Focus Group Follies

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Today I had the opportunity to participate in a focus group on how community colleges could better meet the needs of the over-50 population. Since I am a big fan of community colleges and I meet that demographic, I thought the discussion would be quite informative.
And by the end of two hours, I found the insights and suggestions provided by the participants quite useful. However, despite having some thoughts and ideas I wanted to share with the group, I probably said less than 10 words during the two hours.
The reason for this was my disappointment with the focus group leader. Despite stating up front that she wanted the participants to do most of the talking, I found her stating her opinion on a variety of topics throughout the session, and she ended up doing most of the talking.
And that’s what I found to be problematic. She made many statements which I either completely disagreed with or even found offensive. Since I didn’t want to turn the session into a confrontational one, I opted to stay quiet. I don’t have any issue with someone having a different opinion than mine, but I do see it as a problem when a focus group leader is using the session as a forum to get her ideas across. I felt that the leader was no really interested in soliciting the opinions of the group, but leading everyone towards her preconceived idea of how things should be.
Below is a sample of a few of the statements this woman made that I either disagreed with or even found personally offensive:
“I don’t know if you know anything about academics, but many of them have no clue what’s going on.” This was personally offending, having been an academic for most of my career. I have taught accounting at Villanova for 29 years, and I have found that the vast majority of those I work with are completely committed to not only helping students successfully navigate their way through college, but wanting to see them succeed after college as well. She told a story of a panel she was on that included an academic, and at some point the academic apparently said something along the line of, “colleges aren’t meant to prepare students for a job, but a career.” She also downplayed the importance the academic placed on critical thinking.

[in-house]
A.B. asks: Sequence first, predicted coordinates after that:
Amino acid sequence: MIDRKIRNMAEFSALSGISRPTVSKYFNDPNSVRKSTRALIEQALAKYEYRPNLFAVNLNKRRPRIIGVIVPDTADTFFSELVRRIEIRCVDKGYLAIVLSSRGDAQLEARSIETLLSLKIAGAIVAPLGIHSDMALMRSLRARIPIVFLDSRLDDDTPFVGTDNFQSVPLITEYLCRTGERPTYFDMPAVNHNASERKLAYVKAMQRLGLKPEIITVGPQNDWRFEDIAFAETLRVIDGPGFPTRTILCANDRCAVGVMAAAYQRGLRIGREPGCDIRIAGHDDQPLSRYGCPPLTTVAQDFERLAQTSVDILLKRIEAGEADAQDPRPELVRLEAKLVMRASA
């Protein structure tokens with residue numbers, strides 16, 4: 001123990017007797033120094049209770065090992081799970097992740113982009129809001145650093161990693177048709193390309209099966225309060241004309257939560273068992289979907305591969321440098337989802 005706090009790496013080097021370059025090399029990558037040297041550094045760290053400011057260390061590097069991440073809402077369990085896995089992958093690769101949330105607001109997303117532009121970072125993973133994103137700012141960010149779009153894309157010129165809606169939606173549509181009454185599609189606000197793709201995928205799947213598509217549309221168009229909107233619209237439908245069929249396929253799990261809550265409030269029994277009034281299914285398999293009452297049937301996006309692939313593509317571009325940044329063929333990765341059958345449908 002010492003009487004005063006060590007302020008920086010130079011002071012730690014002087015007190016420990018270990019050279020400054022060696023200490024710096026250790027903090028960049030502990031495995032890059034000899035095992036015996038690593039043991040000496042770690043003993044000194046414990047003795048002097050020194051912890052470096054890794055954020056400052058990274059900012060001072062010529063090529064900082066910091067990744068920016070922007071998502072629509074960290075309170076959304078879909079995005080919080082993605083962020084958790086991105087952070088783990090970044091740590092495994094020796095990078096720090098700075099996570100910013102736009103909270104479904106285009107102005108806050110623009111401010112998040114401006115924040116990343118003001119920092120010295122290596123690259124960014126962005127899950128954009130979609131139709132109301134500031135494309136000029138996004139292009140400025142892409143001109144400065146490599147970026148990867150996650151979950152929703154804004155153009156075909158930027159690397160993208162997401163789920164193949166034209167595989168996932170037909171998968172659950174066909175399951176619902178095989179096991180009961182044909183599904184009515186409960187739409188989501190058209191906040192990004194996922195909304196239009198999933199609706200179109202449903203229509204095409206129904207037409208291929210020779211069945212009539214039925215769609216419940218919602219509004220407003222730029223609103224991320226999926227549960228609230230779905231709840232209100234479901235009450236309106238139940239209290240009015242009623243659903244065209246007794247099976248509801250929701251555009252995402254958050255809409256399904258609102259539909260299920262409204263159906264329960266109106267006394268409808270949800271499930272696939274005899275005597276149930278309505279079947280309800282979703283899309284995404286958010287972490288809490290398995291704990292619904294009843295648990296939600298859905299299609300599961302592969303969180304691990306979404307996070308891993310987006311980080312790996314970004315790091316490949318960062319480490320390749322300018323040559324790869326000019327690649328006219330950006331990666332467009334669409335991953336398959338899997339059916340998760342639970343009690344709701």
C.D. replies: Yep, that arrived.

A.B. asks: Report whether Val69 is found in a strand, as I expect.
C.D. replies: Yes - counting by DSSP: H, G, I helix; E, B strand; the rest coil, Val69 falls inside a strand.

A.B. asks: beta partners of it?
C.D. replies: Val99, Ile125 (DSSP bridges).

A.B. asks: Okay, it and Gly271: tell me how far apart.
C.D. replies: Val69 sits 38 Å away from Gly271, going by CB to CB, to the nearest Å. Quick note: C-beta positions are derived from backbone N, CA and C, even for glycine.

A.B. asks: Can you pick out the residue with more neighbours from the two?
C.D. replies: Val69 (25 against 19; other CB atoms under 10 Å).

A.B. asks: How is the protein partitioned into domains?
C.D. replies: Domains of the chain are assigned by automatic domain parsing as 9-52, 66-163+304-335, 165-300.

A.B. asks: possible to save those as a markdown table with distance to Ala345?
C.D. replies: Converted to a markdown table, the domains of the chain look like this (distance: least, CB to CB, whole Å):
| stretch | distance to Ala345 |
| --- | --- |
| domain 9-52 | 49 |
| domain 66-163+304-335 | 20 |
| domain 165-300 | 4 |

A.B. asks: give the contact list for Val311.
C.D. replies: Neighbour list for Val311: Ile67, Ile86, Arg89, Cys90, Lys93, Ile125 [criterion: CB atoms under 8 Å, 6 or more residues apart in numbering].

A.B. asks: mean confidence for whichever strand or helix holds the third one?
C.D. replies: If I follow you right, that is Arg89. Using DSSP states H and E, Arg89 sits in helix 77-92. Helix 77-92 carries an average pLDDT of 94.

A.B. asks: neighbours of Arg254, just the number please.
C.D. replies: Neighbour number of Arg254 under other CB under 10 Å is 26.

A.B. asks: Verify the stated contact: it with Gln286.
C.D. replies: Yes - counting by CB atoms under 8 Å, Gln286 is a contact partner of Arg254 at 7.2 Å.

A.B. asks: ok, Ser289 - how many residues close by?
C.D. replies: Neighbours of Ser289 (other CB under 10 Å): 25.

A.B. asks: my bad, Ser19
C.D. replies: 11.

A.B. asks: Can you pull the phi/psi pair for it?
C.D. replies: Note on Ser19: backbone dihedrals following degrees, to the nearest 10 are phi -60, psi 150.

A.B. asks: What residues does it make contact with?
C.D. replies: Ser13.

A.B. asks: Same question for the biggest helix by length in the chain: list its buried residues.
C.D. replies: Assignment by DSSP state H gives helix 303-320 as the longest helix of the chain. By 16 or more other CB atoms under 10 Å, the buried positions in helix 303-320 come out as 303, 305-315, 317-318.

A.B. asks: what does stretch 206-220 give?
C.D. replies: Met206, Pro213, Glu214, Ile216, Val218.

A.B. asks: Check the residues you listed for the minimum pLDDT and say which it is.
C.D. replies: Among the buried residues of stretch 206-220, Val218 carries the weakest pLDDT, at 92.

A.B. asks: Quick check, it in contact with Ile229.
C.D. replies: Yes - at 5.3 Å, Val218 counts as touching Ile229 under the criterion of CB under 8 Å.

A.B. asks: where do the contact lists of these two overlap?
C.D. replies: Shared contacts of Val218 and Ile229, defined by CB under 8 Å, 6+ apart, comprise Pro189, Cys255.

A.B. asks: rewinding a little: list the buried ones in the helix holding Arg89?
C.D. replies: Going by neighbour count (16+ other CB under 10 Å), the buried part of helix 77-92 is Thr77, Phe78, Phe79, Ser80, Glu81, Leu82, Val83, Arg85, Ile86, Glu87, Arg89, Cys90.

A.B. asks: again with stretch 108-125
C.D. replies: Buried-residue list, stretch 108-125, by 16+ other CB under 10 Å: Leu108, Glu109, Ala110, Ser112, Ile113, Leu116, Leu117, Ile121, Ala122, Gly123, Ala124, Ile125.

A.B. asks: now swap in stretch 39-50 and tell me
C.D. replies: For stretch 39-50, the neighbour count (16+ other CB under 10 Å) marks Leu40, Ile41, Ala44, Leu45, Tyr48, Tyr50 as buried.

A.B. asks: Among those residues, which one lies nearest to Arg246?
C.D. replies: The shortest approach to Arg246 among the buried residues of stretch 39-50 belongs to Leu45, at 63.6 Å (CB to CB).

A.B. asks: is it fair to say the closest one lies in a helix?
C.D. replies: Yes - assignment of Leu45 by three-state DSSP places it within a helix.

I no longer tell anyone to pursue his or her passion. I tell them to get a job.” This woam is a career counselor! I would never want someone giving me, or any of my children, such advice. I believe it is advice such as this that helps to explain why a significant amount of workers are not happy in their current position. Here is a recent report giving the data to support this: http://www.forbes.com/sites/susanadams/2012/05/18/new-survey-majority-of-employees-dissatisfied/ 
There’s a wide number of employment opportunities available for people. For some individuals a technical school to learn a trade  may be exactly what that student is looking for and is the perfect place for such an individual. So in these cases, you are preparing someone for a specific job, which is what should be done in this situation. For other employment opportunities, the importance of good communication skills, and the ability to think critically are what employers are looking for in applicants. In those situations, the traditional college degree may be the most appropriate type of degree. Here’s one such example supporting the value of critical thinking: https://www.aacu.org/press/press-releases/employers-more-interested-critical-thinking-and-problem-solving-college-major
And by the way, our accounting majors have a 99% placement rate by the time graduation rolls around. So not only do they have a job, but more importantly they have acquired a broader set of skills that will enable them to build a successful career.
And as far as preparing someone for a job versus a career, it may be a disservice preparing a person for a job that may not exist in 5 to 10 years, particularly if that is all they have been prepared for. But when you prepare students by giving them strong communication and critical thinking skills,  they are better able to adapt to changing conditions in the work place.